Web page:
This is one of the reasons we are using Famo.us in this project. It's input system provides a normalized and consistent way to access the data needed to draw the lines.

Some research, and truly expert advice, have lead us to believe that catmul rom curves are the ideal mechanic to draw the lines onto the canvas.


The interface will be quite minimal and bares quite a few similarities to the general 'slippy' map that you would get from a tool like leaflet or google maps.

The biggest difference is that there are no tiles. This is one of the base assumptions of any of the Geo-Oriented tools, and it felt like trying to adapt them would involve a lot of fighting the toolset.

Instead we are going to use famo.us, to leverage it's linear transforms, coordinate and event systems. There are some really interesting approaches that leverage the built-in physics engine too.

Microservice Breakdown

As per the stated goals for the Graft project, we should try to build as little of this ourselves as possible. Instead we need to go find compatible libraries wherever possible.

Any library that follows the node.js stream api should be possible to plug into Graft to use as a microservie, but unfortunately this doesn't apply to the interface yet.

There will be opportunities to abstract it into a couple of re-usable ui components in the future though.

1. Famous Input To Coordinates

input: stream of famo.us input events
output: stream of points in curve. in format int x, int y, int delta, int color, int brushSize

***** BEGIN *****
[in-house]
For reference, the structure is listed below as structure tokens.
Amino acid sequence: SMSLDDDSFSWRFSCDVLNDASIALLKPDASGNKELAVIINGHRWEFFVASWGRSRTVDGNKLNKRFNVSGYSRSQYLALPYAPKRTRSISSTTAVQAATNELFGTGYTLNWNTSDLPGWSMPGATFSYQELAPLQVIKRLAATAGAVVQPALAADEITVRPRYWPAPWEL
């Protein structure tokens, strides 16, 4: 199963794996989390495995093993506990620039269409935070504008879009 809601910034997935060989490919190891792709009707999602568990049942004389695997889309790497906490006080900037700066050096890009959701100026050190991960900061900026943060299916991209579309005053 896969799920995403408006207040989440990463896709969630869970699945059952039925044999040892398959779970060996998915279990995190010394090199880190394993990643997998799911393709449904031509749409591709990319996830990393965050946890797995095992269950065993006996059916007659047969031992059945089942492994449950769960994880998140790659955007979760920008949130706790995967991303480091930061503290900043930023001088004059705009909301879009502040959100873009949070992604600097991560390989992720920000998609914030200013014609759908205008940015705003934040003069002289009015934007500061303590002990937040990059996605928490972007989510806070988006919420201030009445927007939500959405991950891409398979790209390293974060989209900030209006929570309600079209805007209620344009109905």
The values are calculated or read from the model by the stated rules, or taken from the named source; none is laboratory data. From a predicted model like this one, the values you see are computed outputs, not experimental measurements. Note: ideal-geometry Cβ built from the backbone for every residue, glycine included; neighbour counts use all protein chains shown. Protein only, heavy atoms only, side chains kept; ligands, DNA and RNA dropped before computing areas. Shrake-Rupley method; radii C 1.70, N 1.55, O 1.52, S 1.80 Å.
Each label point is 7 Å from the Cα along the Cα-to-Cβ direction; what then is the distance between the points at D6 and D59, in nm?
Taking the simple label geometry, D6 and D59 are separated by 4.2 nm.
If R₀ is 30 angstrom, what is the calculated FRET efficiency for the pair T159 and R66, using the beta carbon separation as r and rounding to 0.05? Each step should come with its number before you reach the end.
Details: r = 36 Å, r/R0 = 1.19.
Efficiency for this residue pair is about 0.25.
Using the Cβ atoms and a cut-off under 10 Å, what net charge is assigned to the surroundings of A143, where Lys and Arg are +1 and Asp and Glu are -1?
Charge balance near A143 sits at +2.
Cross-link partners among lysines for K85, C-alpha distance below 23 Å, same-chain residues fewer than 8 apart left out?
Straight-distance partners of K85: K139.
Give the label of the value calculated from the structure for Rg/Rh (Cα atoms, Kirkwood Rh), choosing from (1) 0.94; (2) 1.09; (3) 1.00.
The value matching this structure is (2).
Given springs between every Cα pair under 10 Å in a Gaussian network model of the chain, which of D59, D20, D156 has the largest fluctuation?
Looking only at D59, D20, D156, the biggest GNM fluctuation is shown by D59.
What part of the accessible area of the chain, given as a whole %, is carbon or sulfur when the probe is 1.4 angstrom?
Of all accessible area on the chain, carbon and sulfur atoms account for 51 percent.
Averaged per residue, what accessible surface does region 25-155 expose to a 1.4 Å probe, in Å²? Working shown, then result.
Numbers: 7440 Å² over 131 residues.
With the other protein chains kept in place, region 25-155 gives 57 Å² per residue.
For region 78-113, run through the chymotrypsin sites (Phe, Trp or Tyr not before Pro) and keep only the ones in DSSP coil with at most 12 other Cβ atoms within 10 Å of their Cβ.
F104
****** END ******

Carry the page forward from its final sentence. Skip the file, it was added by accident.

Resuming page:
domain: only runs on the client, although that's a design decision.
This is what will be The data structure was chosen because it is 'append only'.
The x, y, and delta properties are provided by famous already.
The color is almost always going to be 1 (black), and we will use a constant brush size.
We will handle erasing by setting the color to 0 (or white) to 'paint over' the existing black lines.

2. Coordinates to Catmul Rom Curve

input: stream of points in curve
output: stream of operations for canvas api?
domain: client + server
This is the first thing we've come across that is not restricted to the browser.
This abstraction exists because we should be able to switch out to whatever curve algorithm we feel like. So whether it's catmul rom or bezier curves, it shouldn't matter.

3. Apply Operations to Canvas element

input: stream of canvas drawing operations
output: canvas object??
domain: client + server
This is how the server will keep track of the current official image, that will be sent to new clients as the initial data set, and attached to emails, etc. This is how the client will apply new changes that come in over the line. I would be surprised if there wasn't a server-side implementation of canvas already.

4. Get PNG from Canvas element

input: Canvas Element
output: stream of bytes for PNG file
domain: server (mostly)
This is the tiniest of wrapper for the DOM Api, and I'm pretty sure somebody already built it before.

5. Put PNG into Canvas element

input: stream of bytes for PNG file
output: Canvas Element
domain: client and server
This is used on the client when the initial image is loaded, on and the server if we have some kind of persistence layer.

6. Merge Stream of Coordinates

input: a dynamic array of streams of coordinates
output: a single stream with all events concatenated
domain: server (mostly)
This is how the server builds one set of coordinates that get applied to the canvas.
Probably exists in the greater node streams ecosystem.

... To Be Continued...